Just yesterday, I made my version of the 1983 Simon and Garfunkel reunion studio album that almost was. I'm kind of surprised I never tackled this before, because it's the exact sort of thing this blog is all about. I suppose I was dissuaded by the fact that PJ posted a version on his excellent blog "Albums I Wish Existed" a while back. But I had some different ideas on what to include or not include, so here's my version.
Here's the background story. After about 10 years apart, Paul Simon and Art Garfunkel reunited for a concert in New York City in 1981, which was released as the live album "The Concert in Central Park." In 1982 and 1983, they toured all over the world, and also planned to put out a studio album, which was slated to be called "Think Too Much." However, Simon had written all the songs for an intended solo album, and he didn't see much point in having Garfunkel's harmonies added on, except to presumably boost sales and publicity. After Garfunkel recorded harmonies for a bunch of the songs, Simon changed his mind, wiped those harmonies, and released the album purely as a solo work in late 1983, renamed as "Hearts and Bones." I think it's one of his best solo albums, but it didn't have an obvious hit single, and it sold way below expectations.
Unfortunately, none of the Simon and Garfunkel versions of these songs have ever been officially released, even though there has been a version of "Hearts and Bones" with a handful of bonus tracks. I suspect those versions will never be released, since Simon and Garfunkel have had a contentious relationship for decades, and Simon probably doesn't want versions with Garfunkel to overshadow his versions.
A couple of the Simon and Garfunkel studio versions have been bootlegged: "Allergies," "Song about the Moon," and "Train in the Distance." I've used those, although I'm only really impressed with "Song about the Moon." "Train in the Distance" doesn't sound that different. I suspect with "Allergies" that some clever bootlegger stuck part of an Art Garfunkel solo song at the start, and the rest is just the "Hearts and Bones" version. But even if that's the case, it's very well done, so I'm fine with keeping it.
Note that there supposedly also is a bootlegged studio version of "Cars Are Cars," but I've listened to it, and I'm guessing it's just the "Hearts and Bones" version with some bits from a live version patched in. Unfortunately, it was not done in a seamless manner, so I've avoided that one.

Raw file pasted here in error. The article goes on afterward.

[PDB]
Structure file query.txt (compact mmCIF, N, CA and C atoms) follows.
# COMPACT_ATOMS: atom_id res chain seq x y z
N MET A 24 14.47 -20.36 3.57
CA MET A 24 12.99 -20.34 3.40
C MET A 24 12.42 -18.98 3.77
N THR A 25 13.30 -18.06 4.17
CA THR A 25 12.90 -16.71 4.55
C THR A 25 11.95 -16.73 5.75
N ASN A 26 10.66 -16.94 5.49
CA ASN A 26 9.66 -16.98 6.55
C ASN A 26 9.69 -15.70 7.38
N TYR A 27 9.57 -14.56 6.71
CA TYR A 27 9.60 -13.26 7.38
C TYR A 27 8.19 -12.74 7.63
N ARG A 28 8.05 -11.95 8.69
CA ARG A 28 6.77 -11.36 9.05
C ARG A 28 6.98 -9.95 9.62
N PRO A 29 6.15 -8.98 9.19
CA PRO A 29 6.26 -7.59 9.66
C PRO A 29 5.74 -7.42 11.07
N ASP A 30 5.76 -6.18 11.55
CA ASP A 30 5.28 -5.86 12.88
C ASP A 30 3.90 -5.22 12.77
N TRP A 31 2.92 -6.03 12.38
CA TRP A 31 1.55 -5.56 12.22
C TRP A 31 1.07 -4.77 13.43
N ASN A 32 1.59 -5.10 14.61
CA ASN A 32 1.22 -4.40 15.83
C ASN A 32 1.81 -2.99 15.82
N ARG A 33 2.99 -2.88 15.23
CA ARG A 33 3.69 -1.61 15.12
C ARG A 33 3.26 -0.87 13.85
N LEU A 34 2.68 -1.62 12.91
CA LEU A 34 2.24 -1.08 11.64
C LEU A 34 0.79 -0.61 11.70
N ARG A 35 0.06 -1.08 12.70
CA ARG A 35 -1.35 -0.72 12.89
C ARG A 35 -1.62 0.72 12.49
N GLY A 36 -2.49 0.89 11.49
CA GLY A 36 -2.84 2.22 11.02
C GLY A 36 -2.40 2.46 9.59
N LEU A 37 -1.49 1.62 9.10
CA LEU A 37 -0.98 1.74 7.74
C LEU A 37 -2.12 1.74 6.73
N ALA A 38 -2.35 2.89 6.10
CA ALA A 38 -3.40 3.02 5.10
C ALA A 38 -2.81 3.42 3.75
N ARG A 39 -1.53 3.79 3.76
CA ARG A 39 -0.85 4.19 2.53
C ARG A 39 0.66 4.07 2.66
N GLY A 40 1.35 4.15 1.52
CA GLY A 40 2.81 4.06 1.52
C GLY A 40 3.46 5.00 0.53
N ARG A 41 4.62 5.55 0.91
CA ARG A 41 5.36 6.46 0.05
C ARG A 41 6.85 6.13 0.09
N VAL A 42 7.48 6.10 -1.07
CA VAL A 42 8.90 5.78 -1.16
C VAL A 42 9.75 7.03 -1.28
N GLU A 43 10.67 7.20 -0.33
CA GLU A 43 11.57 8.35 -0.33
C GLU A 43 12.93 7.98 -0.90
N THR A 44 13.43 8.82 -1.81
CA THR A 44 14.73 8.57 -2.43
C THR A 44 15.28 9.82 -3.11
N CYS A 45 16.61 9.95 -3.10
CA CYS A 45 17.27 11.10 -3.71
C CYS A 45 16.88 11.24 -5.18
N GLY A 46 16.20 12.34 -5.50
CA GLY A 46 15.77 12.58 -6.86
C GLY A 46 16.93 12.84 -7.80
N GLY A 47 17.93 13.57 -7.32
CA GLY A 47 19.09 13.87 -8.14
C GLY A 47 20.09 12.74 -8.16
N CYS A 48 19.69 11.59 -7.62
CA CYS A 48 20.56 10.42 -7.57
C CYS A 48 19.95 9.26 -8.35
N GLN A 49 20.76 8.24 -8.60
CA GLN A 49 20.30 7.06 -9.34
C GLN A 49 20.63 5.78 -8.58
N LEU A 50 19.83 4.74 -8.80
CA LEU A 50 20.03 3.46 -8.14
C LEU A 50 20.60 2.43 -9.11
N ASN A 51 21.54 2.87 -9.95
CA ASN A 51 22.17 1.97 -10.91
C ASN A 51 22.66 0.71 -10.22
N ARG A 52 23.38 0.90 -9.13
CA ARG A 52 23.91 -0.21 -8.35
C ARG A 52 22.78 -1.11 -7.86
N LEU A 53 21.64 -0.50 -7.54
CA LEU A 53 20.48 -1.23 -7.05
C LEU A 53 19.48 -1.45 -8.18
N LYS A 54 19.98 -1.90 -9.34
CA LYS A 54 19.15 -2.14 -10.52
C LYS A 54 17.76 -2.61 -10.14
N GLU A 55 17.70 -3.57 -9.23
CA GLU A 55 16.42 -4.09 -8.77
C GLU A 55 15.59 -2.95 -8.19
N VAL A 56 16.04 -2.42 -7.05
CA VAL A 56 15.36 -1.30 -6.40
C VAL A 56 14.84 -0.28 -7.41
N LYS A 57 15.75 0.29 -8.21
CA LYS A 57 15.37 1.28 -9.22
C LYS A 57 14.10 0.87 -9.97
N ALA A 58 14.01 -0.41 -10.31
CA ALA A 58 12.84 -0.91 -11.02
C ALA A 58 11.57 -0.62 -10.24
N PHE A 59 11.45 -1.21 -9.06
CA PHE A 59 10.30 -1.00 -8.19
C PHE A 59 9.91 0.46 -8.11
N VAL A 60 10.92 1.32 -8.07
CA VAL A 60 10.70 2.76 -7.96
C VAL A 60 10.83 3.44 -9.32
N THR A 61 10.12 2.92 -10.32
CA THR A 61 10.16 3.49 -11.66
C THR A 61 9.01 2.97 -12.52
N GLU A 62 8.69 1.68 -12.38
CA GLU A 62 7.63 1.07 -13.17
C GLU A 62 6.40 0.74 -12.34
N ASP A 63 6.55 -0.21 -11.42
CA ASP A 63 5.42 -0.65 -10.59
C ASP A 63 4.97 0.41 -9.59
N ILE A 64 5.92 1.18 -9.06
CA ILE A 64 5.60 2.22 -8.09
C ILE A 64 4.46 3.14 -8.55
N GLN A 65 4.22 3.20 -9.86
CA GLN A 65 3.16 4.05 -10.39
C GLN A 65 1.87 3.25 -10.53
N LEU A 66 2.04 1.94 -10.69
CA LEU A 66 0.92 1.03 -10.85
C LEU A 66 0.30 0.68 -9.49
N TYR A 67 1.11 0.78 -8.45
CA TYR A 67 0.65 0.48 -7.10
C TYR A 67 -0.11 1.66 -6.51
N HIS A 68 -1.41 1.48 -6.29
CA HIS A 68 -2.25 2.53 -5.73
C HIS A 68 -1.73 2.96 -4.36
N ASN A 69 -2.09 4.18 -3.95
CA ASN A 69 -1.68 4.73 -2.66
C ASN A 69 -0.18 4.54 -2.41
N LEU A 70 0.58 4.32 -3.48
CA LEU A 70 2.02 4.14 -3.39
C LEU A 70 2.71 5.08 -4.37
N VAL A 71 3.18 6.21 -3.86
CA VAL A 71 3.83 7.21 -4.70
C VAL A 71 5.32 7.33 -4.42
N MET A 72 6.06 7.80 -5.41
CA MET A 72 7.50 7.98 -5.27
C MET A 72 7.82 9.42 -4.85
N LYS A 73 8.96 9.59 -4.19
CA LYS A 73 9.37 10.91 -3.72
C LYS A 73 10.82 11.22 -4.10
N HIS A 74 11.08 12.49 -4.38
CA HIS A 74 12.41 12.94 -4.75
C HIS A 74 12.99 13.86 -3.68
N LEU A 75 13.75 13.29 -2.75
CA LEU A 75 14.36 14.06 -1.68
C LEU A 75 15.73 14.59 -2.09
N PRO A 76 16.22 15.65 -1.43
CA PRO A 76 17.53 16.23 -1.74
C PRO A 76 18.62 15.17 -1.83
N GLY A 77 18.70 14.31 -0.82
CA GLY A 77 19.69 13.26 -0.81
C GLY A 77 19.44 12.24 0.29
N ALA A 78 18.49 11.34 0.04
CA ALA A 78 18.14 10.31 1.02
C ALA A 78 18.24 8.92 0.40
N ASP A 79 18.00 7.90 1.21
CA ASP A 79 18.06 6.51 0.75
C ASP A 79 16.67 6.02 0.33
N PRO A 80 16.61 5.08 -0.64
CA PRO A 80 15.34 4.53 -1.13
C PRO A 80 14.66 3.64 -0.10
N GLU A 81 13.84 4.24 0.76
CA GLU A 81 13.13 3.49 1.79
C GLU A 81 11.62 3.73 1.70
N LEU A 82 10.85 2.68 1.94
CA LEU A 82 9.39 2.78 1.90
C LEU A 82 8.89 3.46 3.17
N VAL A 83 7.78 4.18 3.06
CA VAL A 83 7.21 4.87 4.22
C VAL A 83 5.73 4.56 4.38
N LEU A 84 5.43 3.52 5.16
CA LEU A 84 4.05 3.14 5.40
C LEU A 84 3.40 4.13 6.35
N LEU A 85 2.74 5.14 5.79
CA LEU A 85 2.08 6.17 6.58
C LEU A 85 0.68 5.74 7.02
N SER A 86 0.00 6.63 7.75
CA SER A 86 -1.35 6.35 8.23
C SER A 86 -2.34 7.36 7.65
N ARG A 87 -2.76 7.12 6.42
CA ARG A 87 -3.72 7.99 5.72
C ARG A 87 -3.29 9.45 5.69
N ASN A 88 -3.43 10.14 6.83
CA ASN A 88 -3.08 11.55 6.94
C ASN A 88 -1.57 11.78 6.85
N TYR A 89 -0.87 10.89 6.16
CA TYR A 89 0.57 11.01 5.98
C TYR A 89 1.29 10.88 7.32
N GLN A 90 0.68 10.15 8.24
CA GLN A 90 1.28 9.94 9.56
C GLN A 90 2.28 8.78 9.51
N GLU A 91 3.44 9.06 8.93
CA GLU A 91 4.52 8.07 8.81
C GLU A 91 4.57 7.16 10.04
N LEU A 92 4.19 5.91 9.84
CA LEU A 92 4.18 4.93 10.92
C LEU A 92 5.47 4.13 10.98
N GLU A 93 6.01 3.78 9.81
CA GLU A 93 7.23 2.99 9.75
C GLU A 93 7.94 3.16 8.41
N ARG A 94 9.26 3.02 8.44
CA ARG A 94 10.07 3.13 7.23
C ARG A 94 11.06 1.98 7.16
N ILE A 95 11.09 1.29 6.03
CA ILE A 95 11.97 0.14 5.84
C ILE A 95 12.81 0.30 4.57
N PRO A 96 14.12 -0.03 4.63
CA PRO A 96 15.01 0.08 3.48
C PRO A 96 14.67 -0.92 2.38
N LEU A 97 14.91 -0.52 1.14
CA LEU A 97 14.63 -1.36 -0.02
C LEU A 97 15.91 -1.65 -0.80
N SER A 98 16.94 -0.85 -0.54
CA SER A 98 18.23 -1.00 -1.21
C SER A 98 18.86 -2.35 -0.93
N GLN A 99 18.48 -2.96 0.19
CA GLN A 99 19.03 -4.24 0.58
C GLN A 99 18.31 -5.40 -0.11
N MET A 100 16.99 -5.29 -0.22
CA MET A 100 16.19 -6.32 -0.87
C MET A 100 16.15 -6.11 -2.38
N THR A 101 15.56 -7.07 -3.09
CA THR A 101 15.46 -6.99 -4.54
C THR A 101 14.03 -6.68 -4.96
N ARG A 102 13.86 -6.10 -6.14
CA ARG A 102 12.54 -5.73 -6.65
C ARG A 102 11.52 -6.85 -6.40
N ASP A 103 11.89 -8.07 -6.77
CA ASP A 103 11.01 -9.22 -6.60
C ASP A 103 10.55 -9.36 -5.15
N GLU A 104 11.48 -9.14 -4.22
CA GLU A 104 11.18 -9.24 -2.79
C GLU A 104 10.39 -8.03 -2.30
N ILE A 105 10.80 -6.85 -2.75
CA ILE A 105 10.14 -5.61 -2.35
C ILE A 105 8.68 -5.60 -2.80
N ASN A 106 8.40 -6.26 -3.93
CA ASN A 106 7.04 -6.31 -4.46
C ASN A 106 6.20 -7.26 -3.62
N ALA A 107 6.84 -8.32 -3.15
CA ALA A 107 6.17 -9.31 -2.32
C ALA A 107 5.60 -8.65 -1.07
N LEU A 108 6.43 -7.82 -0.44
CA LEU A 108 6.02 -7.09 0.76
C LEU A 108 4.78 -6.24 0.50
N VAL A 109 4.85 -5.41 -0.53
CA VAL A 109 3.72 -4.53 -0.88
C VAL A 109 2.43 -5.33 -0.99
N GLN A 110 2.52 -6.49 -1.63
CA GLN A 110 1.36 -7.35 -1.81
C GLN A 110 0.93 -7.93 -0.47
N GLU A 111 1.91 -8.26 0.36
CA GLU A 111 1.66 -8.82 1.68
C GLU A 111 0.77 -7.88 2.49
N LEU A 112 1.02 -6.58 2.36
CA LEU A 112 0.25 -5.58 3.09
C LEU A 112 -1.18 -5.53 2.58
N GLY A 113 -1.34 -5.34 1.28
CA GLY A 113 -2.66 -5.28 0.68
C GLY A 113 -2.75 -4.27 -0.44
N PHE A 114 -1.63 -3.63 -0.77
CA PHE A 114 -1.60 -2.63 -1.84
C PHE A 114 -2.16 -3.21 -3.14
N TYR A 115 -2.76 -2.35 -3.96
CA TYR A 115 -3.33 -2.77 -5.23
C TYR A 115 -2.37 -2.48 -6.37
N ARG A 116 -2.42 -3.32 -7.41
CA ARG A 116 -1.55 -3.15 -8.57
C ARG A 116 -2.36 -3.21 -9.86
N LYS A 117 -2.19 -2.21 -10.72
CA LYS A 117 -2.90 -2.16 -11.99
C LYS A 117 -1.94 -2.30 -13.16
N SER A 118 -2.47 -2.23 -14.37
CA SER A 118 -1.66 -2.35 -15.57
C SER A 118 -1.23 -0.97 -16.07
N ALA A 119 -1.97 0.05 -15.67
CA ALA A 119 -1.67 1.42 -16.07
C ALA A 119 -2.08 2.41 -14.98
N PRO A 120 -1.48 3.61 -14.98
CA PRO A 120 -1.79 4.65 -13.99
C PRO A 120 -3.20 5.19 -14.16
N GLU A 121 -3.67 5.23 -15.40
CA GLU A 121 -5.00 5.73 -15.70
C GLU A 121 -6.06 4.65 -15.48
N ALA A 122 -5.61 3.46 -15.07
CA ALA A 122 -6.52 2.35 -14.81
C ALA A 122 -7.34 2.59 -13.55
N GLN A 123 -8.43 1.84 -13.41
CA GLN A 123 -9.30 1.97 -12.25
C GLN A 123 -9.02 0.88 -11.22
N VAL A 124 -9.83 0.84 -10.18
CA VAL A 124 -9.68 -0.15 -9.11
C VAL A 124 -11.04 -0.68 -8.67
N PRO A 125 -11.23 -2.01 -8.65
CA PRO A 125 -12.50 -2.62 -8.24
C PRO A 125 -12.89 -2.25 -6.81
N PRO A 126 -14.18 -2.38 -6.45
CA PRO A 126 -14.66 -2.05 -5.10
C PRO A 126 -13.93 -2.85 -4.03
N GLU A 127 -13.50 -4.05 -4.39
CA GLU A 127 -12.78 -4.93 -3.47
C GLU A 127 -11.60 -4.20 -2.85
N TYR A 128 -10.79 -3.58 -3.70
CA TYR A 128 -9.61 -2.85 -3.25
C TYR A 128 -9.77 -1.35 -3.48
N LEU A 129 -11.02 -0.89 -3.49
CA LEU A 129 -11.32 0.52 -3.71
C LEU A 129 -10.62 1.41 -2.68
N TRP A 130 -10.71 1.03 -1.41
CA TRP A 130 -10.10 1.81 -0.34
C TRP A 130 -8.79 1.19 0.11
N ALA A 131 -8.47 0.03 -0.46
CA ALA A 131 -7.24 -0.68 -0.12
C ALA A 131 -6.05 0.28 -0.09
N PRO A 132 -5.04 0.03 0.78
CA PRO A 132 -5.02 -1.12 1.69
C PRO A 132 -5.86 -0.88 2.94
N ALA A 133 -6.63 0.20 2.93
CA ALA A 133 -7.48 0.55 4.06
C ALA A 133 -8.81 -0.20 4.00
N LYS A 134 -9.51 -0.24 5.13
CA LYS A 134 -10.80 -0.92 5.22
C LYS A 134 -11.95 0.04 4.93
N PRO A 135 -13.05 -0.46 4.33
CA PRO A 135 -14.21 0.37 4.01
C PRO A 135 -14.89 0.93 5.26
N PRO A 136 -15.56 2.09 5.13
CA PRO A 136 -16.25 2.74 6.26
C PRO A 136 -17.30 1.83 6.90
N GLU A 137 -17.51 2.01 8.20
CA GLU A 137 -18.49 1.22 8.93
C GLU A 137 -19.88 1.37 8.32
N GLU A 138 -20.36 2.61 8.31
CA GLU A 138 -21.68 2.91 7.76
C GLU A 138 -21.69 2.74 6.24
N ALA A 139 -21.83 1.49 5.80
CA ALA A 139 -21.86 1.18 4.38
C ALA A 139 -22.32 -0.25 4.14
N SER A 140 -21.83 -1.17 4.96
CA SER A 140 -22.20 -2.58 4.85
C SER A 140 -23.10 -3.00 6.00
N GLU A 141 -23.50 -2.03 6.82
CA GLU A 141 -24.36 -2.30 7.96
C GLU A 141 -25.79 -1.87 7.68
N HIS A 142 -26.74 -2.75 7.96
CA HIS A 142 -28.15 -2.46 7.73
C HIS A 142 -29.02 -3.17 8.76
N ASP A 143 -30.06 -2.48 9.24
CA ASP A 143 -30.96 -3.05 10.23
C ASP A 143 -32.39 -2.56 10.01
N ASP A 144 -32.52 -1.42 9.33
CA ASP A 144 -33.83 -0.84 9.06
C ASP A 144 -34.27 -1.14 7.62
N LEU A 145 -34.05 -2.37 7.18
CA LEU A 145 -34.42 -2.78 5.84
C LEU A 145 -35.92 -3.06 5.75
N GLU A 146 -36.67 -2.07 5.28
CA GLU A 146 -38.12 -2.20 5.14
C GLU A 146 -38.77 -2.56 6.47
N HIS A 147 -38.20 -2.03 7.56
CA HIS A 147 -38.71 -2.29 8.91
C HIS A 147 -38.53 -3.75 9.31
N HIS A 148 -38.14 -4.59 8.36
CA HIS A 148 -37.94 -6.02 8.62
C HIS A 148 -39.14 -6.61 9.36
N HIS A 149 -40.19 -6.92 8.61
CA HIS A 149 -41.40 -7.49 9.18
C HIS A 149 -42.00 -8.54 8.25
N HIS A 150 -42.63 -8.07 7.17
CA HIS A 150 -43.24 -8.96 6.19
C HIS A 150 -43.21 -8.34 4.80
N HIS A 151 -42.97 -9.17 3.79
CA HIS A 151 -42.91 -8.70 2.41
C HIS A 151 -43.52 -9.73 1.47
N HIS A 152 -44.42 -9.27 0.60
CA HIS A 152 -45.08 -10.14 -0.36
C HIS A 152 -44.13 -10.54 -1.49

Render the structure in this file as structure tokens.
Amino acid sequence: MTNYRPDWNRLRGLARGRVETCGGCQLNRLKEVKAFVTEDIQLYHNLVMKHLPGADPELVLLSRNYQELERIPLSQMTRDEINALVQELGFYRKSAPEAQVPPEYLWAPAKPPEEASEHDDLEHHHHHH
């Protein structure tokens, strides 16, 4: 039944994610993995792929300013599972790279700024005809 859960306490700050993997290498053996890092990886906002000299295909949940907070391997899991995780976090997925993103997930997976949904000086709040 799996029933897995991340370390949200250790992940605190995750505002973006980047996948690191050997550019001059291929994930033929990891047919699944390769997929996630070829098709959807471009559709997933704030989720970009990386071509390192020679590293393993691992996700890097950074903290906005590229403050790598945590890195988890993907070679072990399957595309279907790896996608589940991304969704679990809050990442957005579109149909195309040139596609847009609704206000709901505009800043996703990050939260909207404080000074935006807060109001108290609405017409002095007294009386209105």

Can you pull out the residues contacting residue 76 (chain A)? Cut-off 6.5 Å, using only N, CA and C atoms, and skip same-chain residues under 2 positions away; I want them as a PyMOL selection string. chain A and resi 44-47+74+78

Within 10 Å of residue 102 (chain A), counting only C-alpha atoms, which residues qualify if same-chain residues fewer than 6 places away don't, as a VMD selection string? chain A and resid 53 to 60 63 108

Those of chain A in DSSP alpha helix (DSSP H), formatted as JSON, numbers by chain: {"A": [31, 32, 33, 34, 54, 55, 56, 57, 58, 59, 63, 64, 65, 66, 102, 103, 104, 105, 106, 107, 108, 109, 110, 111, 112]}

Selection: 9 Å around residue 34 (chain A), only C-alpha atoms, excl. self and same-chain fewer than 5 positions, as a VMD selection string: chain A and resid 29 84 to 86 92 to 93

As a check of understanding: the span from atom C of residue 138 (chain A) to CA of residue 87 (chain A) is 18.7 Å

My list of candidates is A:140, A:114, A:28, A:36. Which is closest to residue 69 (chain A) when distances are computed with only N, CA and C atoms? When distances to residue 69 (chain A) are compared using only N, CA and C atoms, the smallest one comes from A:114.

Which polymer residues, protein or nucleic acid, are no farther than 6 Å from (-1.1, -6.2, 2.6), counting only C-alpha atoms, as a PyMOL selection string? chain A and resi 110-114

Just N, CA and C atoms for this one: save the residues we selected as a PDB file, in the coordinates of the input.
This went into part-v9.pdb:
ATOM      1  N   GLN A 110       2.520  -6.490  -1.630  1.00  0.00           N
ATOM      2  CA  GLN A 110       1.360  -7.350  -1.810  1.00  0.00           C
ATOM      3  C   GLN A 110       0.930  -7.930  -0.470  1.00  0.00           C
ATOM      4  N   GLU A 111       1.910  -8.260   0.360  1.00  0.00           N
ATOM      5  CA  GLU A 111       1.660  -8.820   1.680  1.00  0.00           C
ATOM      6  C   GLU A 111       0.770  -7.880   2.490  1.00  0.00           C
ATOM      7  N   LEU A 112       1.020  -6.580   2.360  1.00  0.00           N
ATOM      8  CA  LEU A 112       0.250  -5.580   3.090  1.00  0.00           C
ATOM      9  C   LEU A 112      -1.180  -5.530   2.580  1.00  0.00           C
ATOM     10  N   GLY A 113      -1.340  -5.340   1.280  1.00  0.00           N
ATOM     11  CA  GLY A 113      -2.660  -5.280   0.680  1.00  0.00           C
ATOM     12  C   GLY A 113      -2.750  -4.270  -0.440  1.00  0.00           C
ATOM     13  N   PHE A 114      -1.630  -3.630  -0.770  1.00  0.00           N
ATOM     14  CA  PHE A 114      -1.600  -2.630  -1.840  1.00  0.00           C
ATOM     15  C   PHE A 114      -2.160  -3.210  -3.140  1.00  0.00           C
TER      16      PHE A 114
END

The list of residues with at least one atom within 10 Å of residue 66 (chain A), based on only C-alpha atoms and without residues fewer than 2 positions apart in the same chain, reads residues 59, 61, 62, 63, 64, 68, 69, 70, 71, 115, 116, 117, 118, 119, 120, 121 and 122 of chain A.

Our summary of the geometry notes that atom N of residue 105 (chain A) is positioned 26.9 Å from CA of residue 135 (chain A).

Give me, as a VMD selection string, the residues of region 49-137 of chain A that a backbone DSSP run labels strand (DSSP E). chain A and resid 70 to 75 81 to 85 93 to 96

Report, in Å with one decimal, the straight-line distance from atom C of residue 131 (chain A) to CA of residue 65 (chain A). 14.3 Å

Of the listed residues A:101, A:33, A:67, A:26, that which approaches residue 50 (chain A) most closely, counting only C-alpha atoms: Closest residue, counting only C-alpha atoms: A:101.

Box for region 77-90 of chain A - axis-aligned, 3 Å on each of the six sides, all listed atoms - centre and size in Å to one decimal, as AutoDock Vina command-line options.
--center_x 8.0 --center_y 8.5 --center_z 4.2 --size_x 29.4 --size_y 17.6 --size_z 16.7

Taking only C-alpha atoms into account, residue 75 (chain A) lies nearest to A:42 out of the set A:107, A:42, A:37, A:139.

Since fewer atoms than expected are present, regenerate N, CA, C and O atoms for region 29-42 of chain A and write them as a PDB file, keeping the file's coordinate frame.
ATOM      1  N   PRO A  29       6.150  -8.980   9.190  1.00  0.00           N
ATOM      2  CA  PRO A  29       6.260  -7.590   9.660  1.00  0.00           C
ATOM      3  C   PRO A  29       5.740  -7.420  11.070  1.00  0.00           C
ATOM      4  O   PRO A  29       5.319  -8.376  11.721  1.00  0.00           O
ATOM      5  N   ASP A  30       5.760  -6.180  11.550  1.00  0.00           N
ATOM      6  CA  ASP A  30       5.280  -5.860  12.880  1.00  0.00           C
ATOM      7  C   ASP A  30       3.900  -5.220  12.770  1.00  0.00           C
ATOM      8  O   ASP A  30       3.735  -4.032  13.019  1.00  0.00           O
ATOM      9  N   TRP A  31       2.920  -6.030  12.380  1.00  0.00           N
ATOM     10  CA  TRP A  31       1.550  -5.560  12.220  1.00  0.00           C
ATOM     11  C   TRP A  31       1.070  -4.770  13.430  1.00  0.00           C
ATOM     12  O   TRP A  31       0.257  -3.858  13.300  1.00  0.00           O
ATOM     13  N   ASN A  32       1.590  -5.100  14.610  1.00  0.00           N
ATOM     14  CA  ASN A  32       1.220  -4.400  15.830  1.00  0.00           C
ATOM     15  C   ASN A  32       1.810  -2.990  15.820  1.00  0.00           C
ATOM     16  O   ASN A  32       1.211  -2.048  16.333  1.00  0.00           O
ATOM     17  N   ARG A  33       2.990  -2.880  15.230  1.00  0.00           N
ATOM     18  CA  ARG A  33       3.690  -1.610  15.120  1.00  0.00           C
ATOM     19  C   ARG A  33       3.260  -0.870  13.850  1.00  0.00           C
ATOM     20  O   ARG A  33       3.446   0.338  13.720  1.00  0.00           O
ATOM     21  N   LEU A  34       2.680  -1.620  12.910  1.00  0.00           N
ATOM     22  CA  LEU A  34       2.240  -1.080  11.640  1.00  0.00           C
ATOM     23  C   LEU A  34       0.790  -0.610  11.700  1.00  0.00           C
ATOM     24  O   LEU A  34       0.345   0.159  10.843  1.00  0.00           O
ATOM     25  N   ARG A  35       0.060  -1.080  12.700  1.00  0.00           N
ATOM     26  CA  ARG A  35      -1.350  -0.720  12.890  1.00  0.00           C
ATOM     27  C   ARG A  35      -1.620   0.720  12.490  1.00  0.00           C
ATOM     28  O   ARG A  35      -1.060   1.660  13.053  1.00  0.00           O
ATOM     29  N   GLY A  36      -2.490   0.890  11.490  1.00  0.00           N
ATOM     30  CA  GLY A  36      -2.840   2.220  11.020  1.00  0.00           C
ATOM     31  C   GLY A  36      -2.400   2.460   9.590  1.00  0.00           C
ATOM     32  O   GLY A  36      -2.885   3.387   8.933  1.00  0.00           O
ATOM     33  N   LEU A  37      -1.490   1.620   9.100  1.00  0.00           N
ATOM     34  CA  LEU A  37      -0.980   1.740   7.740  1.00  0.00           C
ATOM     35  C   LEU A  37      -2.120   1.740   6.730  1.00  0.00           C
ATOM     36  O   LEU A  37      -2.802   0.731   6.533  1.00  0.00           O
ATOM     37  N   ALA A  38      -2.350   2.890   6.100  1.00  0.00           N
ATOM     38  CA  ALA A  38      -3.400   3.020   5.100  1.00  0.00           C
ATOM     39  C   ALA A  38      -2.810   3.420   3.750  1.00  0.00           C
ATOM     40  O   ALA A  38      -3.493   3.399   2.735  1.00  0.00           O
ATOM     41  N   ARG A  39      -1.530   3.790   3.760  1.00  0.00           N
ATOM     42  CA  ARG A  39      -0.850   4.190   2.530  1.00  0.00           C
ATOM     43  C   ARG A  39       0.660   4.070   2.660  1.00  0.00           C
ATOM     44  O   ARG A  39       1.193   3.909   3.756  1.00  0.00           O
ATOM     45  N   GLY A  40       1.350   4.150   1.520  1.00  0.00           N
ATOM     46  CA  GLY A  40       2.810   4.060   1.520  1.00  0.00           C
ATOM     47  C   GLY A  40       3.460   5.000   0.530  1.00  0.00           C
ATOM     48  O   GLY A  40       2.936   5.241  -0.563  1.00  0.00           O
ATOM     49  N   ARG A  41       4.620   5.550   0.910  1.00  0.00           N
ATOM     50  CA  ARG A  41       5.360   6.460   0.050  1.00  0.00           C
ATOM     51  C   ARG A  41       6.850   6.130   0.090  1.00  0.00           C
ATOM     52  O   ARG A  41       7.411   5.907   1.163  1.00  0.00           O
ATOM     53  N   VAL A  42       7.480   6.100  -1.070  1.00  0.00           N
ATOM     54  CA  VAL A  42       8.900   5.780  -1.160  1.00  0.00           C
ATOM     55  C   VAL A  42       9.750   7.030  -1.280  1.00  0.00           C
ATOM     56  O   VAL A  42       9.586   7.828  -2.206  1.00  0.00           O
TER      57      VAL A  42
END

There's also the strange case of the song "Citizen of the Planet." Simon recorded a nice version of this song in 1983, but didn't release it at the time. Apparently, he felt the lyrics were too direct for this environmental message song, and he preferred a more subtle style. But in 2003, when Simon and Garfunkel put out a live album called "Old Friends: Live on Stage," Garfunkel added new harmony vocals to Simon's 1983 recording. It was included as the only studio song on a live album. So it's a bit odd in that the harmony vocals were recorded 20 years later, but you'd never know just by listening to it. I think it's a fine song, done well.
If that was all there was to work with, there wouldn't be enough material to make this a Simon and Garfunkel album. Luckily, a few more of the songs intended for the album were played in Simon and Garfunkel concerts in 1983. Also luckily, there's one 1983 bootleg that's an excellent soundboard, from a Vancouver concert. I was able to use versions of "Think Too Much," "The Late Great Johnny Ace," and "Cars Are Cars" from that. with the audience applause removed as much as possible. ("Allergies" and "Song about the Moon" were also played at some different 1983 concerts. Unfortunately, bootlegs with them on it sound much, much worse. Plus, the live version of "Allergies" I've heard has no Garfunkel vocals at all. And the bootleg studio version of "Song about the Moon" exists and is ideal for inclusion here.)